Politics Mitch McConnell blasts Maxine Waters for 'inappropriate' conduct surrounding Chauvin trial
Prosecution case nears end in ex-cop's trial in Floyd death
MINNEAPOLIS (AP) — The trial of a former Minneapolis police officer charged in George Floyd 's death enters its third week Monday, with the state nearing the end of a case built on searing witness accounts, official rejections of the neck restraint and expert testimony attributing Floyd's death to a lack of oxygen. Derek Chauvin, 45, who is white, is charged with murder and manslaughter in Floyd’s May 25 death. Police were called to a neighborhood market where Floyd, who was Black, was accused of trying to pass a counterfeit bill.
Senate Minority Leader Mitch McConnell joined the company of Republican officials in criticizing Democratic Rep. Maxine Waters for comments she made callingif former Minneapolis police officer Derek Chauvin is not found guilty for the death of George Floyd last year.
“Every single American deserves a fair trial. This is sacred,” McConnell said. “You do not balance the scales of justice by trying to tip them, and yet, this past weekend, one Democratic House member from California took it upon herself to visit the protesters in Minneapolis.”
EXPLAINER: Judge lets jury decide Floyd's remark about drugs
MINNEAPOLIS (AP) — The judge overseeing the trial of a former Minneapolis police officer in the death of George Floyd said Monday that he'll leave it up to the jury to sort out whether Floyd yelled “I ate too many drugs” or “I ain’t do no drugs” as three officers pinned him to the ground. Hennepin County Judge Peter Cahill made the ruling as attorneys argued over whether to allow the testimony of a use-of-force expert for the prosecution, Seth Stoughton, a professor at the University of South Carolina Law School. Prosecutors wanted him to testify from an academic perspective on whether Chauvin used reasonable force and about national policing standards.
McConnell’s criticism was a response to comments that Waters made over the weekend in the company of protesters in Brooklyn Center, Minnesota, where police officer Kim Potter
“We’re looking for a guilty verdict,” Waters. “And we’re looking to see if all of the talk that took place and has been taking place after they saw what happened to George Floyd — if nothing does not happen, then we know that we’ve got to not only stay in the street, but we’ve got to fight for justice.”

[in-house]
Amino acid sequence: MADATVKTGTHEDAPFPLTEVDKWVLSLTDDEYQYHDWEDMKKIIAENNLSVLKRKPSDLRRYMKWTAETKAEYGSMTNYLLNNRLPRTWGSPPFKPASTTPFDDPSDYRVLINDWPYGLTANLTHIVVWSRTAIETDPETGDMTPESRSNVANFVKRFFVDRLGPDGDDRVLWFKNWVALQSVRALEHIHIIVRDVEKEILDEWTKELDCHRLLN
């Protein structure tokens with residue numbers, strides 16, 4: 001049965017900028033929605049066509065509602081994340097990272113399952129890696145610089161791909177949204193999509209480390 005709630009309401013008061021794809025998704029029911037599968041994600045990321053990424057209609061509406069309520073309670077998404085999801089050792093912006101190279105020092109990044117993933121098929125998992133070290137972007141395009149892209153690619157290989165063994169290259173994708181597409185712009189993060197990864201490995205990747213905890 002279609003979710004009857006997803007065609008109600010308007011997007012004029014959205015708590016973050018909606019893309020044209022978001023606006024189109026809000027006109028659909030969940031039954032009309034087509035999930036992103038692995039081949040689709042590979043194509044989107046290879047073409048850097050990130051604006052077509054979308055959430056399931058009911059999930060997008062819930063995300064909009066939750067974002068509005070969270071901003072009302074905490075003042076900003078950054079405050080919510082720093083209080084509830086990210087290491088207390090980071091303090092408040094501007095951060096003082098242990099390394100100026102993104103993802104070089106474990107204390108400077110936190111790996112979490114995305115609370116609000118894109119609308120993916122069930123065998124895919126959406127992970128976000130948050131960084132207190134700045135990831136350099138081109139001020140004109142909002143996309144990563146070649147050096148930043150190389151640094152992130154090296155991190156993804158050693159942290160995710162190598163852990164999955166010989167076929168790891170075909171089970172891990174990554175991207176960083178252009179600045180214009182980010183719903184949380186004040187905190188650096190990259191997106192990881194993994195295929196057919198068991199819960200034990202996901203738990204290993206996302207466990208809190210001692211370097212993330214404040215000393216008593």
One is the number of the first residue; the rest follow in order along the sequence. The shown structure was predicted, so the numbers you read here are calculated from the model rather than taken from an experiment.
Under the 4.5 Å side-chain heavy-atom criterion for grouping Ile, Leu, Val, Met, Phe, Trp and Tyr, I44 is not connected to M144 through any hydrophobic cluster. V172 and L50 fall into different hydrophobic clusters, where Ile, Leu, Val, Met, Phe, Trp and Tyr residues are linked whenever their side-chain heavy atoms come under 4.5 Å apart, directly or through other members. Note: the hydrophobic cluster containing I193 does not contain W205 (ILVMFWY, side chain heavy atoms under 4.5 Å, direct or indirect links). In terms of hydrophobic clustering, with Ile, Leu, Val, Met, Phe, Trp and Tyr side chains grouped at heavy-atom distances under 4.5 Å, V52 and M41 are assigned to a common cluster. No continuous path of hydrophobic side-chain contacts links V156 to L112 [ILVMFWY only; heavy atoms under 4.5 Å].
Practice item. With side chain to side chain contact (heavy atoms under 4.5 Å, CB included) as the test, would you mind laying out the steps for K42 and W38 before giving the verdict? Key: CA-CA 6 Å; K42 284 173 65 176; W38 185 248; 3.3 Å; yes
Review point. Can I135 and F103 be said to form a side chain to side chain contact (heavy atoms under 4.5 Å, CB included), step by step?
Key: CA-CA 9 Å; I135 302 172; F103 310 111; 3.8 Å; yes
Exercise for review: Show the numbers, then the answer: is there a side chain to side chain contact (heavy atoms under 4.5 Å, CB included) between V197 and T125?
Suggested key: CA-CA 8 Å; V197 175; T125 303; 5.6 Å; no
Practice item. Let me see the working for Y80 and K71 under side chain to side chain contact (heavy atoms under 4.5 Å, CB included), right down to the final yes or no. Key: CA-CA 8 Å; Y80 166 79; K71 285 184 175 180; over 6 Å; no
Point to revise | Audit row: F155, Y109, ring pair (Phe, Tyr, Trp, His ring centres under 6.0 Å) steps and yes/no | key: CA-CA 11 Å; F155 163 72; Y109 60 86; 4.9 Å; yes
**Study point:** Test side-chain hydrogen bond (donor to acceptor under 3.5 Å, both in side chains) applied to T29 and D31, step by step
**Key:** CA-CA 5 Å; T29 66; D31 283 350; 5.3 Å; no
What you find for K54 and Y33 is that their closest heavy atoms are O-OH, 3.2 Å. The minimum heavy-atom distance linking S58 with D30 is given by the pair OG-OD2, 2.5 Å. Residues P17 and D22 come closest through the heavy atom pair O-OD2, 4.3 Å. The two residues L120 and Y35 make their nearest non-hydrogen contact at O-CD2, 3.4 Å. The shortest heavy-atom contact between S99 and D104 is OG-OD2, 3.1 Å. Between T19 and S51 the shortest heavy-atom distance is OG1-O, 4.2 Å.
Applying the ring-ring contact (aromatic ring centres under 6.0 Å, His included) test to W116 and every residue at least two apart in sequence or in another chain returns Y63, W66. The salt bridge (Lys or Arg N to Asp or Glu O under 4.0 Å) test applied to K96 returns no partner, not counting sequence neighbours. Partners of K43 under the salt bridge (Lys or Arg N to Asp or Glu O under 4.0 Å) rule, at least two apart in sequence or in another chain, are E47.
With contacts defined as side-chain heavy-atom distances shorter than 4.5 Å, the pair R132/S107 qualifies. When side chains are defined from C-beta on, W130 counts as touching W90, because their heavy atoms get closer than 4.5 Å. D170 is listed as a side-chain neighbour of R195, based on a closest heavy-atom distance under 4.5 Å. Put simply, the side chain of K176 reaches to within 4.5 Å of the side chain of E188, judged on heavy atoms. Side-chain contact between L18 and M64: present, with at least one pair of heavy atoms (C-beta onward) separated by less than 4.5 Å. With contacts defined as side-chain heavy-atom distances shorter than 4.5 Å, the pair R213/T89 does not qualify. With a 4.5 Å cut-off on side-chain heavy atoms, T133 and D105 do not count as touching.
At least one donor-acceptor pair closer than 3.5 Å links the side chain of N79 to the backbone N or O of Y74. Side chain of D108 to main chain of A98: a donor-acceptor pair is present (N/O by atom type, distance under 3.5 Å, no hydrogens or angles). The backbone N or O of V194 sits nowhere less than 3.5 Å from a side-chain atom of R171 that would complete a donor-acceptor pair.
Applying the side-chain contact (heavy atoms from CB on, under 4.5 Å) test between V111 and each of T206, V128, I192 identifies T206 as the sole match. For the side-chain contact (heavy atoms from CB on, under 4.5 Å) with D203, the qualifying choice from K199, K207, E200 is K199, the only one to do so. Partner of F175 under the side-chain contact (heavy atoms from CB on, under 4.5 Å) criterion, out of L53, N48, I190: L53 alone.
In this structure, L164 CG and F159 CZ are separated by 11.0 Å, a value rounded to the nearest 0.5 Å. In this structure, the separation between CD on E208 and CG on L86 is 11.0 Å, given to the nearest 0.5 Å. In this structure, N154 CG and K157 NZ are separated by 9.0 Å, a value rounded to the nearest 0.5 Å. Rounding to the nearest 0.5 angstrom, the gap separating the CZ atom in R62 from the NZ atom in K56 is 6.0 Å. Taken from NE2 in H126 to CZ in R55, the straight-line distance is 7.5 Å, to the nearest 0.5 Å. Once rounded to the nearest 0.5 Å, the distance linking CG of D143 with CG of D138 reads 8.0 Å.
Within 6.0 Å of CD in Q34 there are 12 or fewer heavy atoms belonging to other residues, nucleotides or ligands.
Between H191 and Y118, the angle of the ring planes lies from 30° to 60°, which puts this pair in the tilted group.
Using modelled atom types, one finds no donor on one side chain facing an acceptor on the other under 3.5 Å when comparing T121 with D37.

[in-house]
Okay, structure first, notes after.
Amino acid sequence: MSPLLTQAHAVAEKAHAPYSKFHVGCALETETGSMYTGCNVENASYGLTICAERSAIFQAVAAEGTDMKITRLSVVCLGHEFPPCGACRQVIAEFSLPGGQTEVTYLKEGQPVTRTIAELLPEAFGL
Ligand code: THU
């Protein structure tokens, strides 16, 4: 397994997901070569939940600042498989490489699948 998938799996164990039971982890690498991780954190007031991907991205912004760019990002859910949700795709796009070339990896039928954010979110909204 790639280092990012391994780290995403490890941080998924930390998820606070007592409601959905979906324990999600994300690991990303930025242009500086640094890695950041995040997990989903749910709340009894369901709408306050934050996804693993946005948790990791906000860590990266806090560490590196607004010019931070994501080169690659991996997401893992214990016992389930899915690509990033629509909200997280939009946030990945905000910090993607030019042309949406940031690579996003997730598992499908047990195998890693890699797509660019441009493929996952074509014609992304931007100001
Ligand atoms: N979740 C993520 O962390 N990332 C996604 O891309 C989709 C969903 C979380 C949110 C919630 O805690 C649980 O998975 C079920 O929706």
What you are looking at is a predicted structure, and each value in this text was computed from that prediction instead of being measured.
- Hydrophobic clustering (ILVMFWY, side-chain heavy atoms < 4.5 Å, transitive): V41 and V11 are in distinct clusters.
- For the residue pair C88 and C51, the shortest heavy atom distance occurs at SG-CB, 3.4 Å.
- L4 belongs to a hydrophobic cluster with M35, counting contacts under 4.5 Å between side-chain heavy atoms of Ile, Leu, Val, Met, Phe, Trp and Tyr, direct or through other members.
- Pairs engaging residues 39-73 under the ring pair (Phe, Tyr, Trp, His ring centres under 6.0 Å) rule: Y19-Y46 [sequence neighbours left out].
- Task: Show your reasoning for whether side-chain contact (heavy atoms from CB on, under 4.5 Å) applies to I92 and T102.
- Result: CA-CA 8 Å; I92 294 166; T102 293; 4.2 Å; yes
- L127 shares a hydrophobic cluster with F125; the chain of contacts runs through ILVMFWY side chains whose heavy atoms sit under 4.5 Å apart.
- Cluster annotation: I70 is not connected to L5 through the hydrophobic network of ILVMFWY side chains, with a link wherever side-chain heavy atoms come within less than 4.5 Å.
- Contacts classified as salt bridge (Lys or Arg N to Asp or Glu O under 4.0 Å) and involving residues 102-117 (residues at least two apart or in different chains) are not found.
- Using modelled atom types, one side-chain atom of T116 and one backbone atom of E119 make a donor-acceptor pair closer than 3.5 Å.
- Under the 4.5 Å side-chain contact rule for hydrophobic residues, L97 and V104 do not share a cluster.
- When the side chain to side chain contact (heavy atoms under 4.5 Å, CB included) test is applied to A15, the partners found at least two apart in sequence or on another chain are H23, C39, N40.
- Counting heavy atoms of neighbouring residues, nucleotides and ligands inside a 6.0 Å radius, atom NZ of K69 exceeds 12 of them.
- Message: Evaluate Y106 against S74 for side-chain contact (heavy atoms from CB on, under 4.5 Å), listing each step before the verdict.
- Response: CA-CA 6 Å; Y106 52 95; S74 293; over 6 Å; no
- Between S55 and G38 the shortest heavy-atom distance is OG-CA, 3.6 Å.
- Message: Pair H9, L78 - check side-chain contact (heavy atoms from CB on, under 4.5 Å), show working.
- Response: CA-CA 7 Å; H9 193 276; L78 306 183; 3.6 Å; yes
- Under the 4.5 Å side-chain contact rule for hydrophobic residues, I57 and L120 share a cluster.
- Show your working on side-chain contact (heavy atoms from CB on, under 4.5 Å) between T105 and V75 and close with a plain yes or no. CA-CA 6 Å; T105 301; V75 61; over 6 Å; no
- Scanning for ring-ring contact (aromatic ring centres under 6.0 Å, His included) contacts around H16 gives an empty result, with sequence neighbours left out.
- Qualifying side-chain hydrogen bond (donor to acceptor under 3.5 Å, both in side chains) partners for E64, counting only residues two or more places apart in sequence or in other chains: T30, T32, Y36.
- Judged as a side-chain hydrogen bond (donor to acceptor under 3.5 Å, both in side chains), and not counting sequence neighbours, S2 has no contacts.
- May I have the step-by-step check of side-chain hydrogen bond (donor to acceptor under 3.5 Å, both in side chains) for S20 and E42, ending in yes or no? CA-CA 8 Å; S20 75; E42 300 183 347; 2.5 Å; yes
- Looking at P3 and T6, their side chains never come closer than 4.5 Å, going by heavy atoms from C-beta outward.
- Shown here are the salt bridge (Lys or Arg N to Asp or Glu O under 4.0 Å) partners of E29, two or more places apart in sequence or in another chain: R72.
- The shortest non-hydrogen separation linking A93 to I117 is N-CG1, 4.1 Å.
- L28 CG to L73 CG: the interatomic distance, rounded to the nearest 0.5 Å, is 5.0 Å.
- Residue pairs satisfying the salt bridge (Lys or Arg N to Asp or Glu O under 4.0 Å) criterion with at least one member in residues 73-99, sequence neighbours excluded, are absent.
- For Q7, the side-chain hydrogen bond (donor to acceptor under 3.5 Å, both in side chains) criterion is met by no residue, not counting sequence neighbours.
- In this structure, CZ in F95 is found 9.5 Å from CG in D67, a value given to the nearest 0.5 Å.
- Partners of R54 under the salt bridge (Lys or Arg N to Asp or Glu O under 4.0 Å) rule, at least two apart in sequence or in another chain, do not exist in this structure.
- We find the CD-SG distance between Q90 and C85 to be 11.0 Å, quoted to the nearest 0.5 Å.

McConnell said Waters’s words about looking for a guilty verdict were made “like somebody window-shopping or ordering off a menu.”
“It’s hard to imagine anything more inappropriate than a member of Congress flying in from California to inform local leaders, not so subtly, that this defendant had better be found guilty or else there will be big trouble in the streets,” McConnell added. “It’s beyond the pale for a sitting member of the United States Congress to look at what happened last summer and imply there should be some kind of sequel.”
Defense set to take turn in ex-cop's trial in Floyd death
MINNEAPOLIS (AP) — The defense for a former Minneapolis police officer charged in George Floyd's death was set to start presenting its case Tuesday, following 11 days of a prosecution narrative that combined wrenching video with clinical analysis by medical and use-of-force experts to condemn Derek Chauvin's actions. Prosecutors called their final witnesses Monday, leaving only some administrative matters before they were expected to rest Tuesday. Once the defense takes over, Chauvin attorney Eric Nelson is expected to have his own experts testify that it was Floyd's drug use and bad heart, not Chauvin's actions, that killed him.
House Minority Leader Kevin McCarthy offered his own criticism of Waters for her comments, saying on Sunday that she was “inciting violence.” McCarthy said that “if Speaker Pelosi doesn’t act against this dangerous rhetoric, I will bring action this week.”
House Speaker Nancy Pelosion Monday.
“No, I don't think she should apologize,” Pelosi told reporters. “Maxine talked about confrontation in the manner of the civil rights movement.”
concluded on Monday, and jury deliberations will ensue. Chauvin was charged with second-degree murder, third-degree murder, and second-degree manslaughter.
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DOJ weighs charging Chauvin for 2017 incident involving Black teen: Source .
Federal investigators probing Derek Chauvin's use of force against George Floyd are also weighing charging him for a 2017 incident involving a Black teen, a source said. The videos, from Sept. 4, 2017, allegedly showed Chauvin striking a Black teenager in the head so hard that the boy needed stitches, then allegedly holding the boy down with his knee for nearly 17 minutes, and allegedly ignoring complaints from the boy that he couldn't breathe.